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At the White House
BORDERS, CLIMATE CHANGE AND MISSISSIPPI -- OH MY: While you were deep in a tryptophan coma over the past few days, a few things happened.
Some members of the caravan are in Tijuana: Officials closed down the busiest border crossing between the United States and Mexico after a small number of Central American migrants tried to jump the fencing between the two countries, prompting Border Patrol officials in San Diego to fire tear gas at them. The port of entry reopened by 9 p.m. Eastern time, according to the Customs and Border Patrol Agency. From our Sarah Kinosian and Joshua Partlow:
- Tic toc: “What had begun Sunday morning as a migrant protest of the slow pace of the U.S. asylum claims process devolved into a chaotic scramble in which hundreds made their way to the border hoping to cross onto U.S. soil. To block that from happening, and as some threw rocks and bottles, Customs and Border Protection (CBP) officers took the rare step of firing tear gas into Mexico as well as closing all legal vehicle and foot traffic to the San Ysidro border crossing, which U.S. officials say normally has about 100,000 visitors per day.”
- From CBP, per Kinosian and Partlow: “There were 'multiple instances of persons throwing projectiles at CBP personnel' and 'multiple confirmed apprehensions' of those who tried to enter the U.S. illegally, as well as 'many additional attempts to cross the border illegally' . . . 'There were also assaults against CBP personnel, with multiple U.S. Border Patrol agents hit by rocks.'"
- The violent escalation occurred after The Post broke the news that the Trump administration plans to require asylum seekers to wait in Mexico while their claims move through U.S. courts. Mexico's incoming government (President-elect Andrés Manuel López Obrador) supports the agreement, Josh Partlow and Nick Miroff reported.
- Sunday's series of events were teased by Trump himself on Saturday evening when he tweeted: “If for any reason it becomes necessary, we will CLOSE our Southern Border.”
- Consequences: The clashes are likely to affect the debate over including the president's funding for a border wall in a must-pass spending bill whose deadline is Dec. 7. They may also influence whether Trump acts on his desire to oust Homeland Security Secretary Kirstjen Nielsen now, later or never.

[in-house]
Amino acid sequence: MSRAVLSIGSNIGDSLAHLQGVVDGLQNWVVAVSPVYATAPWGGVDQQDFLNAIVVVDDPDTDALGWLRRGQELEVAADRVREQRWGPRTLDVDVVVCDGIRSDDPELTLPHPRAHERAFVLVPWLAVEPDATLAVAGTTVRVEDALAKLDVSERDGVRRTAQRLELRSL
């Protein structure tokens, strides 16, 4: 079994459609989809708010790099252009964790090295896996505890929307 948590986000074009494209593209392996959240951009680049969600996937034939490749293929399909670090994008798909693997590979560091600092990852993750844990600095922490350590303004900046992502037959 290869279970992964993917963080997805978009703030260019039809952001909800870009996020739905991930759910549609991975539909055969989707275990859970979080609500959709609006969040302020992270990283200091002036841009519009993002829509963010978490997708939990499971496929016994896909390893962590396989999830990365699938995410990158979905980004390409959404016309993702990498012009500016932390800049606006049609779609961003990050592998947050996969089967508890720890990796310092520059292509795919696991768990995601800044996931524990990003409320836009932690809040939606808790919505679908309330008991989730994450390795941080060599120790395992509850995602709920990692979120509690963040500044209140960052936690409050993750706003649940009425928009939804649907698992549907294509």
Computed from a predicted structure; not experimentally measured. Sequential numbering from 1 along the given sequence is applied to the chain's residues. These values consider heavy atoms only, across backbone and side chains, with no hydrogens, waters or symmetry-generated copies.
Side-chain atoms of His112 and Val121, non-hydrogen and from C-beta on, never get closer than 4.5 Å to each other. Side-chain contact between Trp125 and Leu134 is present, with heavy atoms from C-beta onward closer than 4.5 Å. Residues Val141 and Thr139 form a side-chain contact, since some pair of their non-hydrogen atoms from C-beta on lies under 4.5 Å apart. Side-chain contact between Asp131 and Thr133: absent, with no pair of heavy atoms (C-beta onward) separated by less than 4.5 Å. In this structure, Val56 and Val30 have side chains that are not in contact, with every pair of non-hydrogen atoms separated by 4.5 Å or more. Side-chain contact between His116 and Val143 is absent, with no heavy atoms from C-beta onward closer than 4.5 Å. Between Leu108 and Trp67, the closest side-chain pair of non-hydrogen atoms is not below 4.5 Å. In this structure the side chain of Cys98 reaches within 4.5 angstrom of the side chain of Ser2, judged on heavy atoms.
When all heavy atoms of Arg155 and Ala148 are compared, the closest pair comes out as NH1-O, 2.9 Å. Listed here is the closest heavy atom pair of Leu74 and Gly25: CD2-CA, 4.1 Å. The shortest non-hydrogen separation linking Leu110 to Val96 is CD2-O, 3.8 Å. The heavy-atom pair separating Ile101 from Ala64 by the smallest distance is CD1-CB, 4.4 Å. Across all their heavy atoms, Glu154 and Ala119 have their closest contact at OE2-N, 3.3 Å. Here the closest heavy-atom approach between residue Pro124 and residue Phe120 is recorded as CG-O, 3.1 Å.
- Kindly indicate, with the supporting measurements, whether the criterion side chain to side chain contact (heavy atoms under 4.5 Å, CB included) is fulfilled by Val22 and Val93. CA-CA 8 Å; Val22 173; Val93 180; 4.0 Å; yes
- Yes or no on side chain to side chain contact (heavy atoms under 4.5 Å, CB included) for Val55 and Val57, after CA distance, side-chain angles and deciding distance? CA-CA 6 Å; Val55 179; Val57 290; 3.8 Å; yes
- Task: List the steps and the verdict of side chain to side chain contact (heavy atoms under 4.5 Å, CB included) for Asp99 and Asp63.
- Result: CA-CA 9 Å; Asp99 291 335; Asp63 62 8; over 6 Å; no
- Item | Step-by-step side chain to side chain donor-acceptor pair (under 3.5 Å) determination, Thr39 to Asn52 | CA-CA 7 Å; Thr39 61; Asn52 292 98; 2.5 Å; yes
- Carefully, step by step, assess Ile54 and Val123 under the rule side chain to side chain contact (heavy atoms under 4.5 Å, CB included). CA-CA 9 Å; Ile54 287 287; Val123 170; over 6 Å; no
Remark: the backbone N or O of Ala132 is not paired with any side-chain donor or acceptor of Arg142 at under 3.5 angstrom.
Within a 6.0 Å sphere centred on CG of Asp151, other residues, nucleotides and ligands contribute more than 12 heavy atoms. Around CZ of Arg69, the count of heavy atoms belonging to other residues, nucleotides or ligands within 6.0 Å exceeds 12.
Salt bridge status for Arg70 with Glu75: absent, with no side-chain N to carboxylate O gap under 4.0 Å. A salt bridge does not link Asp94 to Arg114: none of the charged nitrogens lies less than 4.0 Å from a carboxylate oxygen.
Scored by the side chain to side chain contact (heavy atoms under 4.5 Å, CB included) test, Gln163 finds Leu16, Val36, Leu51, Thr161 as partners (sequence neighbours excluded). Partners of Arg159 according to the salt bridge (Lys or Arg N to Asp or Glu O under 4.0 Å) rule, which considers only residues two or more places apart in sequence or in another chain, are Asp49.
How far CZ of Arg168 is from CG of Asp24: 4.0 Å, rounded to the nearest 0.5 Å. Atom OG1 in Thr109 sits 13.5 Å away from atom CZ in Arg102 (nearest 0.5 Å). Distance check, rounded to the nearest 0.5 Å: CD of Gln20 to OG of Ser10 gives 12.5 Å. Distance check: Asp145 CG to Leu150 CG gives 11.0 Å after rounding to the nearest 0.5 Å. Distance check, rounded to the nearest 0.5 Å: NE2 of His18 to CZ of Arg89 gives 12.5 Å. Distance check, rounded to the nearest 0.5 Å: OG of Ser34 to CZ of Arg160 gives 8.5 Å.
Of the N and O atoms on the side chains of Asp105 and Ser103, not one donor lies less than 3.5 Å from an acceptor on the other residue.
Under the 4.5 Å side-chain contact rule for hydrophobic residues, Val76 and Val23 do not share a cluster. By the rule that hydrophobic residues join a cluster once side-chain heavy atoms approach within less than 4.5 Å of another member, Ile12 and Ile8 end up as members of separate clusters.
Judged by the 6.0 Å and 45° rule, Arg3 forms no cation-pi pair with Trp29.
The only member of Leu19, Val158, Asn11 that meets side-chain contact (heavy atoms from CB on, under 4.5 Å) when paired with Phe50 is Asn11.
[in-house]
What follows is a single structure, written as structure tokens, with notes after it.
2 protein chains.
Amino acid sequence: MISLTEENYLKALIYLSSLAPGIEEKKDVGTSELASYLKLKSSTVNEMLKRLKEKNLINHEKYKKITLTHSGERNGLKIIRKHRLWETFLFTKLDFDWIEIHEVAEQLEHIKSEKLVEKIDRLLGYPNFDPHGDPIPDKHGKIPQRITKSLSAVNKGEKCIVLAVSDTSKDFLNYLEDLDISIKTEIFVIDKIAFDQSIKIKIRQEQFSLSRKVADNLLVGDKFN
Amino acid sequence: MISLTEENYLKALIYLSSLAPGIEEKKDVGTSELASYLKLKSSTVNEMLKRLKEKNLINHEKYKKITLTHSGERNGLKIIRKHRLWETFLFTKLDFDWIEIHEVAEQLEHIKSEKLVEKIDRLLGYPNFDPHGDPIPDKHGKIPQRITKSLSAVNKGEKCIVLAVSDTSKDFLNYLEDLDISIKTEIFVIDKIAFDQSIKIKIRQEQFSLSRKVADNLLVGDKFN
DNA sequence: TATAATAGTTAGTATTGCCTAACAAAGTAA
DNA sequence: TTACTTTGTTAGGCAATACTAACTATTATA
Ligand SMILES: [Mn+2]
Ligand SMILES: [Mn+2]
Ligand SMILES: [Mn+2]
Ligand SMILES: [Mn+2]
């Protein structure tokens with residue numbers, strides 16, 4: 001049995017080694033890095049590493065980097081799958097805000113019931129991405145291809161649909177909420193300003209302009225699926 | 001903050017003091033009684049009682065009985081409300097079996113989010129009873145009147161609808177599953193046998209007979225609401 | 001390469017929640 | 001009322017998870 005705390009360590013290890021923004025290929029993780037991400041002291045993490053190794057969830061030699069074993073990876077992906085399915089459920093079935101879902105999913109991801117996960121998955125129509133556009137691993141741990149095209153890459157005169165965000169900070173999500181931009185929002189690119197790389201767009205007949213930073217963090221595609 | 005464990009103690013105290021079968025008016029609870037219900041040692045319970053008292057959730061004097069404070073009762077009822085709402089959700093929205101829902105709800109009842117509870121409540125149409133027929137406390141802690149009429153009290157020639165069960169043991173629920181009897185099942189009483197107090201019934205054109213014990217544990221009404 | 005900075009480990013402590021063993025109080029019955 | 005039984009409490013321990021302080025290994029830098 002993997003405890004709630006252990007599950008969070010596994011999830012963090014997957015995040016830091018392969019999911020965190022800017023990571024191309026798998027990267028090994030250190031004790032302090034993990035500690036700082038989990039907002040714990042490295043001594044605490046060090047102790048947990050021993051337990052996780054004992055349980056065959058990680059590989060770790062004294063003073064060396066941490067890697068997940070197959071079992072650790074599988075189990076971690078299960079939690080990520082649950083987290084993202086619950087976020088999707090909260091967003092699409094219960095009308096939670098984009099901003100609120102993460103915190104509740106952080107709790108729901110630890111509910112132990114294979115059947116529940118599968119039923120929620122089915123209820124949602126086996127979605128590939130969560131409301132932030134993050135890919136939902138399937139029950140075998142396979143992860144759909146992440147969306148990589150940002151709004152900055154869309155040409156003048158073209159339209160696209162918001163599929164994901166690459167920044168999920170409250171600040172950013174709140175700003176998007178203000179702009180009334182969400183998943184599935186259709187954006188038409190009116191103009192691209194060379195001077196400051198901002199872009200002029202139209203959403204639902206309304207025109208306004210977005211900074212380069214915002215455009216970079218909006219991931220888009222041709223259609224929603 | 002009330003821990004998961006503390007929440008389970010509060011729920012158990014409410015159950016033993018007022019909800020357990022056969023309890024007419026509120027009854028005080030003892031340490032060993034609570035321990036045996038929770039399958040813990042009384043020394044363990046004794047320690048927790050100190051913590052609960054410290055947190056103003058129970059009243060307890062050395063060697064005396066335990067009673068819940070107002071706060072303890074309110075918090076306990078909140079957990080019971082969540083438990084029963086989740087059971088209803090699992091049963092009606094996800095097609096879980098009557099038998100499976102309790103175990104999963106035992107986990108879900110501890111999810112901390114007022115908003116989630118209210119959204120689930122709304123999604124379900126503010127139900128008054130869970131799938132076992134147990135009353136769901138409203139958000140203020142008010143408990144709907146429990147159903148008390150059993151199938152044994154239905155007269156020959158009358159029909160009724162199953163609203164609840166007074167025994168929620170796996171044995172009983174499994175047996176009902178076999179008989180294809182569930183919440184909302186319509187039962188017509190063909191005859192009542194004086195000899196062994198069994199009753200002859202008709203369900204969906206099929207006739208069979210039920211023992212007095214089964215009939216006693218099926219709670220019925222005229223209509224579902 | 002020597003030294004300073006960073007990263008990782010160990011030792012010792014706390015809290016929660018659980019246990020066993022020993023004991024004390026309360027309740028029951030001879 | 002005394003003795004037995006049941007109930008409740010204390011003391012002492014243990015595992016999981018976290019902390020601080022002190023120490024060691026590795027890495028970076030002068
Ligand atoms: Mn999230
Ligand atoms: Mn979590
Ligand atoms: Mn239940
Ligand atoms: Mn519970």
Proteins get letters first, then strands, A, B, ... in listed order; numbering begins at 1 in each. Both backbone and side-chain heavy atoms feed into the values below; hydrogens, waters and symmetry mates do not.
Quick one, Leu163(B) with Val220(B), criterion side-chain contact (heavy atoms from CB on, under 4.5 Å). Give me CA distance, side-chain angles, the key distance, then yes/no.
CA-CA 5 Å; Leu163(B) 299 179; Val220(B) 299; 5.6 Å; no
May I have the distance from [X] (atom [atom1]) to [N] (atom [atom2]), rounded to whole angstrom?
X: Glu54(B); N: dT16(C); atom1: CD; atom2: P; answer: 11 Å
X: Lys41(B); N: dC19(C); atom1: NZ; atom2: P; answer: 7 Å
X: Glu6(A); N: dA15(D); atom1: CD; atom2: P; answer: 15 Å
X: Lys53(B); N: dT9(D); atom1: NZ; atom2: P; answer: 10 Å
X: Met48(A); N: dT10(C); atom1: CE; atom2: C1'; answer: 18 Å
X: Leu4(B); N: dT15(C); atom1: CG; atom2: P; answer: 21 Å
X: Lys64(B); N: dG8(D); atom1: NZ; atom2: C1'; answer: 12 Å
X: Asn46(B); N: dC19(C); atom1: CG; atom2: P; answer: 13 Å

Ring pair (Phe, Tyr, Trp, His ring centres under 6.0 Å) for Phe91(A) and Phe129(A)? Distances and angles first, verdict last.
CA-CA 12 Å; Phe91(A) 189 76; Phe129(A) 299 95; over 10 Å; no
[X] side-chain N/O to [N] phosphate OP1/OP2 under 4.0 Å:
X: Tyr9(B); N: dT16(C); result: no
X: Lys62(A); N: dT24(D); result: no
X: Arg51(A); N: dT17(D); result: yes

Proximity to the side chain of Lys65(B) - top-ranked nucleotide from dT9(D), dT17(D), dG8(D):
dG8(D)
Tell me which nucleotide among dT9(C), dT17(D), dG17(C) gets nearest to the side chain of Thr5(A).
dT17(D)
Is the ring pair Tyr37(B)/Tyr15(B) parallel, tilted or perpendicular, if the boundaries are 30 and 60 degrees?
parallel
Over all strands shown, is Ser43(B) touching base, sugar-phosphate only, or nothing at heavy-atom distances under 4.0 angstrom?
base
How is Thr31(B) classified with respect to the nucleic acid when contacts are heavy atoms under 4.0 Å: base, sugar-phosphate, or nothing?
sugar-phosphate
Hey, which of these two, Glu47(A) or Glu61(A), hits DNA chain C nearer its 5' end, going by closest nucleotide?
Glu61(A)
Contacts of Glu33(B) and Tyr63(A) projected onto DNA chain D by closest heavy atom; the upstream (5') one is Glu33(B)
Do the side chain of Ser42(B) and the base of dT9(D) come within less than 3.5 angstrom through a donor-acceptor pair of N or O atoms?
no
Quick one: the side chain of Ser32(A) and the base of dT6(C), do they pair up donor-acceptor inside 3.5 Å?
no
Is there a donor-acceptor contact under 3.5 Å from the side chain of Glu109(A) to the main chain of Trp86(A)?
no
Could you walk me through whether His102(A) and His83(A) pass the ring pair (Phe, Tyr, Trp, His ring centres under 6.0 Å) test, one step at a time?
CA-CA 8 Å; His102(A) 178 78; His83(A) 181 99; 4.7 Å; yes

Black Friday news dump: The National Climate Assessment was released. It's a 1,656 page document outlining the increasingly damaging impact climate change will have on everything from the environment, to infrastructure to the economy.
- “Worsening”: The Trump administration released a congressionally mandated report on climate change that they probably would have preferred you not notice — one that sends an “unmistakable message,” per Brady Dennis and Chris Mooney, “The effects of climate change, including deadly wildfires, increasingly debilitating hurricanes and heat waves, are already battering the United States, and the danger of more such catastrophes is worsening.”
- The National Climate Assessment, produced by 13 federal agencies and departments, draws some conclusions that directly contradict the rhetoric coming from Trump, the White House and a majority of the Republicans. The report concludes the government “must act aggressively to adapt to current impacts and mitigate future catastrophes “to avoid substantial damages to the U.S. economy, environment, and human health and well-being over the coming decades.”
- Trump on climate change on CBS's '60 Minutes' last month: “I don’t know that it’s man-made”; the warming trend “could very well go back.” Just this week, Trump tweeted: "Brutal and Extended Cold Blast could shatter ALL RECORDS - Whatever happened to Global Warming?"
- Key quote from the New York Times's Coral Davenport: “In light of Friday’s report, Mr. [Doug] Brinkley drew a parallel between Mr. Trump’s statements on climate science and President Lyndon B. Johnson’s false statements to the American public a half-century ago about the Vietnam War. “Johnson used to tell people everything was going well in Vietnam, and then you’d turn on the news and see the mayhem,” he said. “It was this giant disconnect.”